A new study of racial segregation in American colleges (covering only black and white students) shows that progress has been made in the past 40 years (one should hope so), but also that higher learning is far from integrated. Is that a problem? Depends on your perspective.
Inside Higher Ed reports on the study by a Georgetown University professor, which is interesting, but without a clear "Aha!" data hook to make everyone stand up and pay attention. The key findings:
- "[In] 1968, the typical white student attended a college that was 2.3 percent black. But by 2009, the typical white student attended a college that was 9.8 percent black. This percentage gain is much larger than overall black enrollment during this period, which also rose, from 5.5 percent to 13.7 percent." That would seem to indicate that black students are not evenly distributed among all schools (duh).
- A measure of "dissimilarity" in enrollment indicates that, indeed, black and white students still enroll in different schools, to a notable extent. This can partly be explained by the existence of HBCU's (which can themselves be explained by the entire history of racial discrimination in America). And, perhaps more important: "most students (of all races) attend colleges and universities near where they live. Since the black population is not evenly distributed in the United States, there are likely to be regions where colleges have relatively low black enrollments." Segregation in society leads to segregation in higher education.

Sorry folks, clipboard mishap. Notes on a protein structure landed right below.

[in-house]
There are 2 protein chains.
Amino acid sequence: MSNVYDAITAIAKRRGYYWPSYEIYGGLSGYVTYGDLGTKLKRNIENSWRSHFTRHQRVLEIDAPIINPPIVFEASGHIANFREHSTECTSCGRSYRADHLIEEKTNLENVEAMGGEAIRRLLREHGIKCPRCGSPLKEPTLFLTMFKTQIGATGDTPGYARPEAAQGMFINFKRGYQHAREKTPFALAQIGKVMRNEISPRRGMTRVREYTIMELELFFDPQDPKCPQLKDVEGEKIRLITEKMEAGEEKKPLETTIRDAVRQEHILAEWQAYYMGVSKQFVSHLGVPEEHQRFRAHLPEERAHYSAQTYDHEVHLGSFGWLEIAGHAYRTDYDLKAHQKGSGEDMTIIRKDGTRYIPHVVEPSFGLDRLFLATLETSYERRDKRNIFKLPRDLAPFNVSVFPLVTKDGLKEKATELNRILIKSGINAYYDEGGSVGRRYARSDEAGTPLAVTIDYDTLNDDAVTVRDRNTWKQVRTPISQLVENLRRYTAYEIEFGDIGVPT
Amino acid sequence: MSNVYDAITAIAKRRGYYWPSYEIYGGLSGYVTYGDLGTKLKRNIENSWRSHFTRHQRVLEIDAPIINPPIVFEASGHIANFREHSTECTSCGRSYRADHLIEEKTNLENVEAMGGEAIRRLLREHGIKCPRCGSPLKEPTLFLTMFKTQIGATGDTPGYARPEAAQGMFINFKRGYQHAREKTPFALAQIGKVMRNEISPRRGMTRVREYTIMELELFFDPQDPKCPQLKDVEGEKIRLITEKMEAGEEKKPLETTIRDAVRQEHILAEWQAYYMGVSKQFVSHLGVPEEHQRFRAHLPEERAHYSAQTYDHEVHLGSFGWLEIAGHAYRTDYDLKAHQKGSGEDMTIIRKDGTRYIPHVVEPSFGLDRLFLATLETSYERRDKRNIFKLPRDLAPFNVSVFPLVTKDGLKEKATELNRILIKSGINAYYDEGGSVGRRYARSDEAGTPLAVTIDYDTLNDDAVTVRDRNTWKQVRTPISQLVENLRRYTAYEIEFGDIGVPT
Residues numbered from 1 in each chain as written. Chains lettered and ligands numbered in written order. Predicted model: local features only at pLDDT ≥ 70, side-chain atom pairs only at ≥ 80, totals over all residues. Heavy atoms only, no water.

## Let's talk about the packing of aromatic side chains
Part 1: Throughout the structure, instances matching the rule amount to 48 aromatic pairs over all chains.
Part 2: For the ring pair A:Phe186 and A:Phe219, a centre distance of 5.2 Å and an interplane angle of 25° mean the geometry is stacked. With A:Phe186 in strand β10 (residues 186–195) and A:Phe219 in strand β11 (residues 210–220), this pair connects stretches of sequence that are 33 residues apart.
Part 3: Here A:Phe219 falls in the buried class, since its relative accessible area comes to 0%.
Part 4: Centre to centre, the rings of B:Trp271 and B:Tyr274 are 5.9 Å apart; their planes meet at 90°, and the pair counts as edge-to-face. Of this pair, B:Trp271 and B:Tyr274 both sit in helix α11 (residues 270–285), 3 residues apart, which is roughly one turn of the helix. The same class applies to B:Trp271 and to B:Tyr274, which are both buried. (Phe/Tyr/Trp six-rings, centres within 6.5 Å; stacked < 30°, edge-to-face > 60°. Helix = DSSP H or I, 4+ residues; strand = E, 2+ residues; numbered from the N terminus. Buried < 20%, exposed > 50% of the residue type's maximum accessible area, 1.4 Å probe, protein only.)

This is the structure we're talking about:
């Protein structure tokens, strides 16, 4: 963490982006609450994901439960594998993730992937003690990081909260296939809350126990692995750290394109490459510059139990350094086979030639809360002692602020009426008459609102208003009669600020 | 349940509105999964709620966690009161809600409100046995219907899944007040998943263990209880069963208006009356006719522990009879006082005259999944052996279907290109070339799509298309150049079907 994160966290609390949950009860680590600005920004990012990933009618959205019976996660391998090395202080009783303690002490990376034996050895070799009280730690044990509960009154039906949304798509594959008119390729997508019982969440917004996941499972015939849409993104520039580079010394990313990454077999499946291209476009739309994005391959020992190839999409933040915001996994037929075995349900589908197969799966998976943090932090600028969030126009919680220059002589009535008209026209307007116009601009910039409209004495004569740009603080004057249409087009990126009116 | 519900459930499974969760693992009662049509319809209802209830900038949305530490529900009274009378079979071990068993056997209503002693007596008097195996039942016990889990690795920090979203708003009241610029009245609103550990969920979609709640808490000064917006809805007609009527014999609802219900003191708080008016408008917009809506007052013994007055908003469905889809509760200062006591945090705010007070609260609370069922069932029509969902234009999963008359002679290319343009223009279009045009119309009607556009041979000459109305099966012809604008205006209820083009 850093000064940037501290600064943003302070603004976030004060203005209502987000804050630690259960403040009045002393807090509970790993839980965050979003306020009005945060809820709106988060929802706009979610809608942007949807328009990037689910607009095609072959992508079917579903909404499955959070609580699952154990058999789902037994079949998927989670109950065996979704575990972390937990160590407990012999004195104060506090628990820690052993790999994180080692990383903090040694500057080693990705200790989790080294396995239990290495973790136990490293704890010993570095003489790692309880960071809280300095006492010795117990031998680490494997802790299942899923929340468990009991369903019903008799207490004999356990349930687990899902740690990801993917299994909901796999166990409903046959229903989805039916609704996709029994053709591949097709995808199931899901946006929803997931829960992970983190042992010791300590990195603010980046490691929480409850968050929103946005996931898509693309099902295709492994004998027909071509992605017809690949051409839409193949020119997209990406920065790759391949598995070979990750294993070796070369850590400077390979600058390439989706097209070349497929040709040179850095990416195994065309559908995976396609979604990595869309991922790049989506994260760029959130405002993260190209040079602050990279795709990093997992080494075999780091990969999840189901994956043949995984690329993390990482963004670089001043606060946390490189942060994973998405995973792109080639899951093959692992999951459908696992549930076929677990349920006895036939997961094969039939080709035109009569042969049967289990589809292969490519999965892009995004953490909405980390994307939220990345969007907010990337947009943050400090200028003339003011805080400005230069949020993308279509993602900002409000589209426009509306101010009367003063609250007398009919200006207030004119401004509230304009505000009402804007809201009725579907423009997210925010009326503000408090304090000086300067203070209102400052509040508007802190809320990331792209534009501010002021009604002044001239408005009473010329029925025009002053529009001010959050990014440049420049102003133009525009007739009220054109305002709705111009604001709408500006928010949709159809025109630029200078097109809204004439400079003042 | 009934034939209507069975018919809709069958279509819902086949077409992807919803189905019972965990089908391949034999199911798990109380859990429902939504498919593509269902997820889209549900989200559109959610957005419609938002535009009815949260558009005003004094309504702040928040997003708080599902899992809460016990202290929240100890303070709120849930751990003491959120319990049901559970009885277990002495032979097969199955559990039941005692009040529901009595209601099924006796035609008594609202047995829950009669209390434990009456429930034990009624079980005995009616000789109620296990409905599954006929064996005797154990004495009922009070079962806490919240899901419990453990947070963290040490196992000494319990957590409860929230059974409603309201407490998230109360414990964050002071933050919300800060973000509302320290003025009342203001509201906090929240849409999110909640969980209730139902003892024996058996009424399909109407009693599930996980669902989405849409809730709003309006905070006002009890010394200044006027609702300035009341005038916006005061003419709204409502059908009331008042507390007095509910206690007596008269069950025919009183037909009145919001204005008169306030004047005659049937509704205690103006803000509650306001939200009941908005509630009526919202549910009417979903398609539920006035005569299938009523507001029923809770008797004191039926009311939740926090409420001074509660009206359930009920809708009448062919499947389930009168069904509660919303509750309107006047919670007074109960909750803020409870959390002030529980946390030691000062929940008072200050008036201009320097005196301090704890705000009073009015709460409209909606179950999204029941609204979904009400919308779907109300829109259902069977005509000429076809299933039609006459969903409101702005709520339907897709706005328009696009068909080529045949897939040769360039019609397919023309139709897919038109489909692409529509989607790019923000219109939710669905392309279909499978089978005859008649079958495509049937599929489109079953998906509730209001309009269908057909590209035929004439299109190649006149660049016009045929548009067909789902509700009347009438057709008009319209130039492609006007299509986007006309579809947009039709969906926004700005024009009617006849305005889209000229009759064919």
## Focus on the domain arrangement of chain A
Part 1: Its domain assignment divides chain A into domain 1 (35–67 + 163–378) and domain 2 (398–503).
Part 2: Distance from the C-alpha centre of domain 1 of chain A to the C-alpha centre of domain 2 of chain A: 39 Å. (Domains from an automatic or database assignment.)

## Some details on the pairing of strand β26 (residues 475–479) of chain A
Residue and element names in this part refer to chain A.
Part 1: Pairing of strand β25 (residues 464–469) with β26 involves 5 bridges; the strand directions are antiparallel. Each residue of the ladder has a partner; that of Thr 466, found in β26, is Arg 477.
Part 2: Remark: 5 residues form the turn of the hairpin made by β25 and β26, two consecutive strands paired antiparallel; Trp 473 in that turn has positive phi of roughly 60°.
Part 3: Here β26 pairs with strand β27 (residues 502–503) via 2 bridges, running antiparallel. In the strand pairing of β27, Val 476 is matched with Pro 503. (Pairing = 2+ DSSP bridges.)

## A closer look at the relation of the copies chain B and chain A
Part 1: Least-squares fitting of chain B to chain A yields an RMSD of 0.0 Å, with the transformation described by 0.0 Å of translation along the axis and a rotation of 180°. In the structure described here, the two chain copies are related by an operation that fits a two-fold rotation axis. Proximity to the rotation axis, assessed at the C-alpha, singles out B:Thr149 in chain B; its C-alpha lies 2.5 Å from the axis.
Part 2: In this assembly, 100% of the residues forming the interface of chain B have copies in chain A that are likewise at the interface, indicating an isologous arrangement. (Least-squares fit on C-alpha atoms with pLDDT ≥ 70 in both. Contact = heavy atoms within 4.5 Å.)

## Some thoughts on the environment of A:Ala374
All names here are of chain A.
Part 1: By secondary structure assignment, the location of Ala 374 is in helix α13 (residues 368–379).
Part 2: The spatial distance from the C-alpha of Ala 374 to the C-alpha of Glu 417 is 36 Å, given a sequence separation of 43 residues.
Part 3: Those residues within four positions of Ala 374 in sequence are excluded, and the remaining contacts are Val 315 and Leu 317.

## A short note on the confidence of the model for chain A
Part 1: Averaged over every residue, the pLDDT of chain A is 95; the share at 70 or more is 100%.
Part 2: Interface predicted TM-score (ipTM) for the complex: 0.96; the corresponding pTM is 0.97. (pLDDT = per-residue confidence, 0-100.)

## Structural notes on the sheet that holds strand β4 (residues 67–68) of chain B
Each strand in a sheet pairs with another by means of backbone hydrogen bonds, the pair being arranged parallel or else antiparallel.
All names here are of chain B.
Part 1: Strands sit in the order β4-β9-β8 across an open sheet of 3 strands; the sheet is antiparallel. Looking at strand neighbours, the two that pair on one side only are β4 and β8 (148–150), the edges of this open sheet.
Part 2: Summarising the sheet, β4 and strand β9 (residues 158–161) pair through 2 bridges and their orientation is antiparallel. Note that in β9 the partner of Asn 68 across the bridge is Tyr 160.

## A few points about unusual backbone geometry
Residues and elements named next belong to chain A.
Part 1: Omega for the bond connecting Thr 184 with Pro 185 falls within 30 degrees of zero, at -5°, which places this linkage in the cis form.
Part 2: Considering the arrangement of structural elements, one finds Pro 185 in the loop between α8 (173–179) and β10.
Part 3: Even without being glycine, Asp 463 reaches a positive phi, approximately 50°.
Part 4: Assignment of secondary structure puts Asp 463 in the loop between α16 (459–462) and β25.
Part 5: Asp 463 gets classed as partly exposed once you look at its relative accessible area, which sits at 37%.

- There is, surprisingly, some evidence that states that banned affirmative action in college admissions subsequently saw an increase in measure of integration, due, Prof. Peter Hinrichs says, to a redistribution of black enrollment after the bans. The full implications of this, I do not know.